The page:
‘Ghettoizing the workers’?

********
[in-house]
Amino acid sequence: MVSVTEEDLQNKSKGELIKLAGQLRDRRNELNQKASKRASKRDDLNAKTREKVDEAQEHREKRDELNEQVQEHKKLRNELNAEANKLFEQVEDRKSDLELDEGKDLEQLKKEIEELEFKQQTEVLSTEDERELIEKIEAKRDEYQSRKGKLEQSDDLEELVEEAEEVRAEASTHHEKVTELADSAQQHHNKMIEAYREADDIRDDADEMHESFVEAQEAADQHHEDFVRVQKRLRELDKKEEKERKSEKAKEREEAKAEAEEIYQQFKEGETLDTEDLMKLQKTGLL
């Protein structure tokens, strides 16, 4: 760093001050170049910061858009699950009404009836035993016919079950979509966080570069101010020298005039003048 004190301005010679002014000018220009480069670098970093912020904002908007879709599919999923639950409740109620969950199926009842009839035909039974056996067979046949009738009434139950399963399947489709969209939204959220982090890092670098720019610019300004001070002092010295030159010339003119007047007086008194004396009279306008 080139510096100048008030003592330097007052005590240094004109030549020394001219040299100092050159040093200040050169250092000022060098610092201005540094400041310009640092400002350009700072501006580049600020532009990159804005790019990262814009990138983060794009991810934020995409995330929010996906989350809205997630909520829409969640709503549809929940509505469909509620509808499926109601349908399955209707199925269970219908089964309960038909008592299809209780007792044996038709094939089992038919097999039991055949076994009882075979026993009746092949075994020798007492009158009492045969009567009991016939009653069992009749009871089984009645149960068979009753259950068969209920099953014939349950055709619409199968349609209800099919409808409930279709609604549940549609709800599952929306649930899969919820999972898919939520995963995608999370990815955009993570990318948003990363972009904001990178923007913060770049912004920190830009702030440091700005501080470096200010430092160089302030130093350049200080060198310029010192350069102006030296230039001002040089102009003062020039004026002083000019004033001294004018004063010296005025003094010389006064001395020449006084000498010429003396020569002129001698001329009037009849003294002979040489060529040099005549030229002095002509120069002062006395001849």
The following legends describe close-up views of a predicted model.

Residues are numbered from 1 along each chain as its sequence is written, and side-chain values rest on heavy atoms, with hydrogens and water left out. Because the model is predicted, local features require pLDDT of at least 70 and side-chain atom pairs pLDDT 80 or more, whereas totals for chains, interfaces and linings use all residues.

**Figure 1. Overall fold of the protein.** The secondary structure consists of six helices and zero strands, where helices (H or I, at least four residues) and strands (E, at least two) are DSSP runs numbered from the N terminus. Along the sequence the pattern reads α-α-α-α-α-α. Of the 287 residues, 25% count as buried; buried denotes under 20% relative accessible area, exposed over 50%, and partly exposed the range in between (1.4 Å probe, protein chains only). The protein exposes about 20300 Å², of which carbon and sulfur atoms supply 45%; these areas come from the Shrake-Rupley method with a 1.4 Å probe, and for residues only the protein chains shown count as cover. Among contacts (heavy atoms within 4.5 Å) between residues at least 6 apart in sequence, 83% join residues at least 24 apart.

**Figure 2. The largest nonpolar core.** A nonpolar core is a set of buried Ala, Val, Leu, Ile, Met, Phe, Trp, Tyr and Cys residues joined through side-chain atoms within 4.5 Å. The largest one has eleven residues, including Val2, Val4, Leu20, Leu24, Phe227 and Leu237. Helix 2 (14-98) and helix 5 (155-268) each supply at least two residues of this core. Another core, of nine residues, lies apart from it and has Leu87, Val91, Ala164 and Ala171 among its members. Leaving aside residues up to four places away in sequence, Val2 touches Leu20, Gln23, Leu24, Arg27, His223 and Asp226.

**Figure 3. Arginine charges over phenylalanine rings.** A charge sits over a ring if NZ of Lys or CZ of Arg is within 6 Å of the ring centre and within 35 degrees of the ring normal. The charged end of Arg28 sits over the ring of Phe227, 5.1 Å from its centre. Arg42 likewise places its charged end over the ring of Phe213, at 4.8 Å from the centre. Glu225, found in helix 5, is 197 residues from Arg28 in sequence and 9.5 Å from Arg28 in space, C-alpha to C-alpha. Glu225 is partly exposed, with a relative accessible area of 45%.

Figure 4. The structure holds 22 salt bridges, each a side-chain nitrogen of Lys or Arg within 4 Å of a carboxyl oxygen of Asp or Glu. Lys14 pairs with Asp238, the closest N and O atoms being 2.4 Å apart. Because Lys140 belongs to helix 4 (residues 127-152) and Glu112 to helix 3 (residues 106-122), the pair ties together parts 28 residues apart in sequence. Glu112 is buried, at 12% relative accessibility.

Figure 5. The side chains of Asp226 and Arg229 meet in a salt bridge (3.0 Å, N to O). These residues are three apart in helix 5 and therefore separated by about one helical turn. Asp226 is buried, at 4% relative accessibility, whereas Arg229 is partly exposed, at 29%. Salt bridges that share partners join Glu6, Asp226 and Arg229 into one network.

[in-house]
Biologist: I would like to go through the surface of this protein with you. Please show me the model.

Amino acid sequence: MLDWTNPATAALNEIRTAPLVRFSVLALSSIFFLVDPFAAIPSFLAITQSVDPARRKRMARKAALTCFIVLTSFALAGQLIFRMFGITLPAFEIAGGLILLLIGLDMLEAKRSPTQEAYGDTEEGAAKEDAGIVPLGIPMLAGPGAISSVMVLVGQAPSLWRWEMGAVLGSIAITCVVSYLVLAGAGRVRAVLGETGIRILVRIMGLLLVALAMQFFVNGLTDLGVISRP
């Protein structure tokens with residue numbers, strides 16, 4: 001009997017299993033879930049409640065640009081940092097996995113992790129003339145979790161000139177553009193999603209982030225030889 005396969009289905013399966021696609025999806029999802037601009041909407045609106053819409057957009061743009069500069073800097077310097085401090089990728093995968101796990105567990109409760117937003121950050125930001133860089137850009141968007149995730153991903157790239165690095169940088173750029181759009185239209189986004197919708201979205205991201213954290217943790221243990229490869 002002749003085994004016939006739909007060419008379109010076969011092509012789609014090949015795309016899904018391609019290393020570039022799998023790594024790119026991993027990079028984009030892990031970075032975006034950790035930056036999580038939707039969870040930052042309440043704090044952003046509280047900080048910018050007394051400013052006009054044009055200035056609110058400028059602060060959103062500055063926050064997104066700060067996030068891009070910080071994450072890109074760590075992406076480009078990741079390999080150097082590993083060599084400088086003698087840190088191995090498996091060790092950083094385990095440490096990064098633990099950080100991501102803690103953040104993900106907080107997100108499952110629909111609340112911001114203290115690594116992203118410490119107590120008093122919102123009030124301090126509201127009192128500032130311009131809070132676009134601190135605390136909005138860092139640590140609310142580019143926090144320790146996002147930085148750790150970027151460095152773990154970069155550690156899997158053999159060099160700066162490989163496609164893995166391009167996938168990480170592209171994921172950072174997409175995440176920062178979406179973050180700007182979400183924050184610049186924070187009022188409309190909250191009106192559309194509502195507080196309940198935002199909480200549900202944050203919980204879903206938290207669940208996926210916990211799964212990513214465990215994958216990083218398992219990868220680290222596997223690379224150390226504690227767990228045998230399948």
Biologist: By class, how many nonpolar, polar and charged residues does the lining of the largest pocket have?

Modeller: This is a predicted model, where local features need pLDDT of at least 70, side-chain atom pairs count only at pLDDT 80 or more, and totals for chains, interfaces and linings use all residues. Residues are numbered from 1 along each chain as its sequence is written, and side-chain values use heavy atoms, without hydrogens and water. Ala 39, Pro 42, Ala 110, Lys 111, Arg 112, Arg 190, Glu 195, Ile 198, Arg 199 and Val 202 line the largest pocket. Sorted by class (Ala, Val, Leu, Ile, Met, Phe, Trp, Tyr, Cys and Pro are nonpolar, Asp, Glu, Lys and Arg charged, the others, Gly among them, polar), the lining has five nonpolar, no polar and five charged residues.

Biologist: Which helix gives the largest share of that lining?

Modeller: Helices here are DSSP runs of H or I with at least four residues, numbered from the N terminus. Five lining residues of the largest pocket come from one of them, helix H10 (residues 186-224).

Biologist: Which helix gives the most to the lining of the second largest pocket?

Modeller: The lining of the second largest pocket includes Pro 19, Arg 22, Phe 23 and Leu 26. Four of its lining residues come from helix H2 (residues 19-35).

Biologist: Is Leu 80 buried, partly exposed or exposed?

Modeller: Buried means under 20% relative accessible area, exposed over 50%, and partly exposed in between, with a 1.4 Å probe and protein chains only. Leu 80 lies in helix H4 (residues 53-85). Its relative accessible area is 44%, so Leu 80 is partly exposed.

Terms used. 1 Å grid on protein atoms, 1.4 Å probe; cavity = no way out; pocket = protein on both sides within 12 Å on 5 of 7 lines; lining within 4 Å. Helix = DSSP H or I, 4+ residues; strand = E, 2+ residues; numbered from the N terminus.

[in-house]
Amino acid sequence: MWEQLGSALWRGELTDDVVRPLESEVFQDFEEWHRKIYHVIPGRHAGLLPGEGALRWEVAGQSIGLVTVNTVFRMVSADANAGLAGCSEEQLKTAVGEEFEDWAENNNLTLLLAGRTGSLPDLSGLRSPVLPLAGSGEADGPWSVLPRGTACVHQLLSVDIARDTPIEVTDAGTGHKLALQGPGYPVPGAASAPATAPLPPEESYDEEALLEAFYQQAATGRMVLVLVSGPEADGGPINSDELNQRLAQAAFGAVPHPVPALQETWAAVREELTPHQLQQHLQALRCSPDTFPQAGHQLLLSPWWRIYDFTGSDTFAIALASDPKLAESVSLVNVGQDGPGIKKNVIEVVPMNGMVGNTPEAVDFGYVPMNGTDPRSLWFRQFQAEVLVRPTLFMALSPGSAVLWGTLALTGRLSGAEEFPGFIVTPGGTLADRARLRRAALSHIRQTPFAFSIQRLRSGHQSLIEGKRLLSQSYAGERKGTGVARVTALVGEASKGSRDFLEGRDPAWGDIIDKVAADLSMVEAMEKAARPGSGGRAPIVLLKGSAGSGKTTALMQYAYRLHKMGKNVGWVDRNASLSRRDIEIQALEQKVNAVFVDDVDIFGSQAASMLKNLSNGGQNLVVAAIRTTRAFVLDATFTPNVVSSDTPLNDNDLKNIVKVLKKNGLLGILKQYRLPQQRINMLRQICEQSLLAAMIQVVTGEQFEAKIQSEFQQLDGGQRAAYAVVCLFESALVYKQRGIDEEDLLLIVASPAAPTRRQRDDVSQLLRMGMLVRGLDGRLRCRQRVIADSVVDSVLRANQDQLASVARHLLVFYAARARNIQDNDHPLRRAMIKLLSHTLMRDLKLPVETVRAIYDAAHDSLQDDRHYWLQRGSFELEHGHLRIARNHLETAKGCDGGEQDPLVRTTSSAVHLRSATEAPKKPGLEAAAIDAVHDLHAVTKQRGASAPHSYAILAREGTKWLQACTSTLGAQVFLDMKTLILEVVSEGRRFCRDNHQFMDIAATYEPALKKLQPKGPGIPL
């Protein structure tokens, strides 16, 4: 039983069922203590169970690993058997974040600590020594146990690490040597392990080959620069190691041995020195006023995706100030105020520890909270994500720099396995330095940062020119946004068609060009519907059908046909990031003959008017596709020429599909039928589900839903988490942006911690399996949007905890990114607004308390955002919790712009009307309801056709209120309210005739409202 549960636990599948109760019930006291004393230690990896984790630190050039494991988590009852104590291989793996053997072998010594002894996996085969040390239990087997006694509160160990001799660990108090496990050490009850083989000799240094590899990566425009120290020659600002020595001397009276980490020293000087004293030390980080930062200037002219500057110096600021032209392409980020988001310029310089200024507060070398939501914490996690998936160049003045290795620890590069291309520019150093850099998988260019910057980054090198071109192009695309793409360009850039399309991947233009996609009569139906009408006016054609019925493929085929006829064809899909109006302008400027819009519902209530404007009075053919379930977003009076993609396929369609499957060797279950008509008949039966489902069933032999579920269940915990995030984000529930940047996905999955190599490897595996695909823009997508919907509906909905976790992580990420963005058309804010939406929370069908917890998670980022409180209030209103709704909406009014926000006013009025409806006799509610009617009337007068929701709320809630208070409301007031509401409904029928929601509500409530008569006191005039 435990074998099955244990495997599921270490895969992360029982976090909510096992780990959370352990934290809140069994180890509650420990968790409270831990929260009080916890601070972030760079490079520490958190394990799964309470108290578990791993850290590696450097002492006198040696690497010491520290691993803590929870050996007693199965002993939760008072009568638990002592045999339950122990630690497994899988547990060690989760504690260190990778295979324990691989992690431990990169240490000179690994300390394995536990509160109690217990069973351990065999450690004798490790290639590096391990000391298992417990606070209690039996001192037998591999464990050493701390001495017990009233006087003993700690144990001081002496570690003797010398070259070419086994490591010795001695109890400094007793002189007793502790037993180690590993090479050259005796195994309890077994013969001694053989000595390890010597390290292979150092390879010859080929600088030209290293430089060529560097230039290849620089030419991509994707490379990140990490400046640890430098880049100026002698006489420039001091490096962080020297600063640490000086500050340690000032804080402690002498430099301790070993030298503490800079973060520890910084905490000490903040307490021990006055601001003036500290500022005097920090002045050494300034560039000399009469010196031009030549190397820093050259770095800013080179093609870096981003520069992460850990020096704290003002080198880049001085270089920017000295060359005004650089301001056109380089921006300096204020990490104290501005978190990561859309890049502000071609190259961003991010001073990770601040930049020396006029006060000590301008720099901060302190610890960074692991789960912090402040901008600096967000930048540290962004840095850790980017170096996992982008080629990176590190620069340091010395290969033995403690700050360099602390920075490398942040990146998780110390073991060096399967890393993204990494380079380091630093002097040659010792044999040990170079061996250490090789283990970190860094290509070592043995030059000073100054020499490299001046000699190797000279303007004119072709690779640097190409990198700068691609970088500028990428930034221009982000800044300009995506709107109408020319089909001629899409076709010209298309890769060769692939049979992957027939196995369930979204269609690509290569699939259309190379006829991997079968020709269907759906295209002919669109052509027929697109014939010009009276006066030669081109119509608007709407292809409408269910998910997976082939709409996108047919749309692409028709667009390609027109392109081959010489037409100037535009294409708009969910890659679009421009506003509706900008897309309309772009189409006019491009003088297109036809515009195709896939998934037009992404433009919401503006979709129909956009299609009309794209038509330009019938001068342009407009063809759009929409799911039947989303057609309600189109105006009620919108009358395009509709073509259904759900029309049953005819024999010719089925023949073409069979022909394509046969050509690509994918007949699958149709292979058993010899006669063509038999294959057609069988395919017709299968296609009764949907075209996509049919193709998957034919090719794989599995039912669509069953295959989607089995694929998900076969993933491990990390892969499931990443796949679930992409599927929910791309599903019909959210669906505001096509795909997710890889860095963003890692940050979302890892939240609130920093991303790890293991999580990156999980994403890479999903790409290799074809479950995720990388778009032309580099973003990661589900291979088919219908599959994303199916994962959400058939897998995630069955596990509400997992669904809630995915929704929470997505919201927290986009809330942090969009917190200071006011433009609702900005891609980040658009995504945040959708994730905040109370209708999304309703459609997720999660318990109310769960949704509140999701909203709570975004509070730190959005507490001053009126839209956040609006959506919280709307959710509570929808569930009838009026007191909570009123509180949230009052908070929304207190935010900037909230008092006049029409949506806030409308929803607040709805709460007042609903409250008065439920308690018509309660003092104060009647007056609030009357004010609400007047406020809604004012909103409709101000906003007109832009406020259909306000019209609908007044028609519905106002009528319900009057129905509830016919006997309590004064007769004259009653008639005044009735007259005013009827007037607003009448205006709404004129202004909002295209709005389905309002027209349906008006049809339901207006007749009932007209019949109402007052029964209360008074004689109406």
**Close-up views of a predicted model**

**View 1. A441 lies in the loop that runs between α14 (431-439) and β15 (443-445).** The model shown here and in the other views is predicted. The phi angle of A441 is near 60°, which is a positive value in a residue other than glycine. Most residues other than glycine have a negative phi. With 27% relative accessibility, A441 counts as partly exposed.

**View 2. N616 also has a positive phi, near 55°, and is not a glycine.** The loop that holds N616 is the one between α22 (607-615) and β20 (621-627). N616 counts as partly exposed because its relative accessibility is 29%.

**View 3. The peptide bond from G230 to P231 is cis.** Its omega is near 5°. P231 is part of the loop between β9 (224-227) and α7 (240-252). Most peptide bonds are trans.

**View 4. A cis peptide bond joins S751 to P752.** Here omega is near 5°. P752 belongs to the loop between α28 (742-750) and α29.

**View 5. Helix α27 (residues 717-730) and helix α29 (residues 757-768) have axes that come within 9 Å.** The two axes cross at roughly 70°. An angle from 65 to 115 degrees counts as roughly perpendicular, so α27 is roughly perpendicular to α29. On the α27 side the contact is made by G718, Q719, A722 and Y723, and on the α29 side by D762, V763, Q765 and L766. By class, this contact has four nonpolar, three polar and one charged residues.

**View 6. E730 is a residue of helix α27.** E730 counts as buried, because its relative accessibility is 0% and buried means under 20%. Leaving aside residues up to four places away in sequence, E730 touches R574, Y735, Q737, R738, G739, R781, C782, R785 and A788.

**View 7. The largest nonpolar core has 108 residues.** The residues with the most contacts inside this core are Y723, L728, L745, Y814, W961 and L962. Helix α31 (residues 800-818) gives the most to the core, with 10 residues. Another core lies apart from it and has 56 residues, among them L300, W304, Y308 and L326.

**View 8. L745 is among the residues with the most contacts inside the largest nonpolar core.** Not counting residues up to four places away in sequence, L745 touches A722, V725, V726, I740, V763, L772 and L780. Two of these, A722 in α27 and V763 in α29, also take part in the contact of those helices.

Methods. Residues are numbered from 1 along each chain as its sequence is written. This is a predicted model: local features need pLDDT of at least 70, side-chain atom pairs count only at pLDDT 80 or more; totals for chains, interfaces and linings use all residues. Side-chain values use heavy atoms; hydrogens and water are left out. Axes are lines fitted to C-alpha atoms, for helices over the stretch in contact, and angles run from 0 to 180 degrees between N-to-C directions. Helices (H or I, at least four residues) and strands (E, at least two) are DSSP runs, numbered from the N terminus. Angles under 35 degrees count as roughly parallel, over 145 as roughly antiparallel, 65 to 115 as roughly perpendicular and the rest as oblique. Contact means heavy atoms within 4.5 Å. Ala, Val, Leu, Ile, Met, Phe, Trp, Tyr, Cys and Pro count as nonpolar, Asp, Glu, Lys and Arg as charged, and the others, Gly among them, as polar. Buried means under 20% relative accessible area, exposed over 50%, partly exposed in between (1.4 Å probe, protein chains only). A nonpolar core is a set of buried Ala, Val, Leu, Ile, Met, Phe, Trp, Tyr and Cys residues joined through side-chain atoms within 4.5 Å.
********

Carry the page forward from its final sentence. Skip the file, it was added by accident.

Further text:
Dear Editor:Joe Edwards said he’s against big housing developments like Burlingame because they “deepen class divides” in Aspen. He calls Burlingame “stuffing all the people out in some ghetto that (wealthier) people can sneer at from their homes in the heights of Red Mountain.” (Aspen Daily News, Feb. 26.)While I don’t believe his comment reflects the opinions of my neighbors on Red Mountain, Mr. Edwards does speak volumes about his own attitudes. One wonders, when driving back home to Carbondale, does he “sneer” at those hard-working community members whose homes are “stuffed” out in a field at W/J, Lazy Glen, Aspen Village or the Woody Creek Mobile Home Park? Bemoaning “class divides in Aspen,” he further inflames the issue with pronouncements that the city is “ghettoizing the workers” by actually following the direction given in 2000, when 60 percent of the voters advised the city to enter into the pre-annexation contracts to create Burlingame. Is it “ghettoizing” working families and individuals to offer them a chance for home ownership, close to their work, designed to exceed national green building standards? Is it “ghettoizing” to build some equity and deduct mortgage interest from one’s taxes, instead of the insecurity and zero return from renting?Maybe Joe hasn’t experienced the destabilizing effect of moving every year, knowing that eventually you’ll be forced away from the town you once called home. Perhaps he doesn’t know what it’s like to raise kids in a one-bedroom because there aren’t opportunities to move into something larger.Maybe he doesn’t realize that home ownership, deed-restricted or otherwise, creates permanence, wealth and security for individuals and communities. Perhaps he doesn’t understand that while you can import a work force, you can’t import a community, the sense of belonging, commitment, entrepreneurism, volunteerism and involvement that comes from knowing “this is my hometown.” Mr. Edwards harkens back to 30 years ago, when housing was a minor concern and most people who worked in Aspen lived in Aspen, running the mountains, teaching the children, plowing the streets, delivering the mail, tending the shops, helping the guest, patronizing local businesses year-round – all living, working, laughing, struggling, playing, dreaming and building a community together. But in 2005, free-market rental and ownership housing combined hold an ever-dwindling 25 percent of Aspen’s work force. The ability to bootstrap oneself from an affordable unit to the free market competes with unrelenting second-home demand. A 400-foot, free-market Hunter Creek studio costs more than $250,000; even resident-occupied places in Smuggler fetch $600,000. Who will be our neighbors in 20 more years? The continued loss of local working residents, the people who are the very character and vitality of Aspen, threatens our long-term sustainability on all fronts.Mr. Edwards seems intent on dismissing the tremendous contribution that affordable housing has made to Aspen by calling working class neighborhoods ghettos. This is unfortunate. As a friend recently said, “Even if it’s humble, my home is my castle.” With hope for the future and faith in my neighbors, Rachel RichardsAspen
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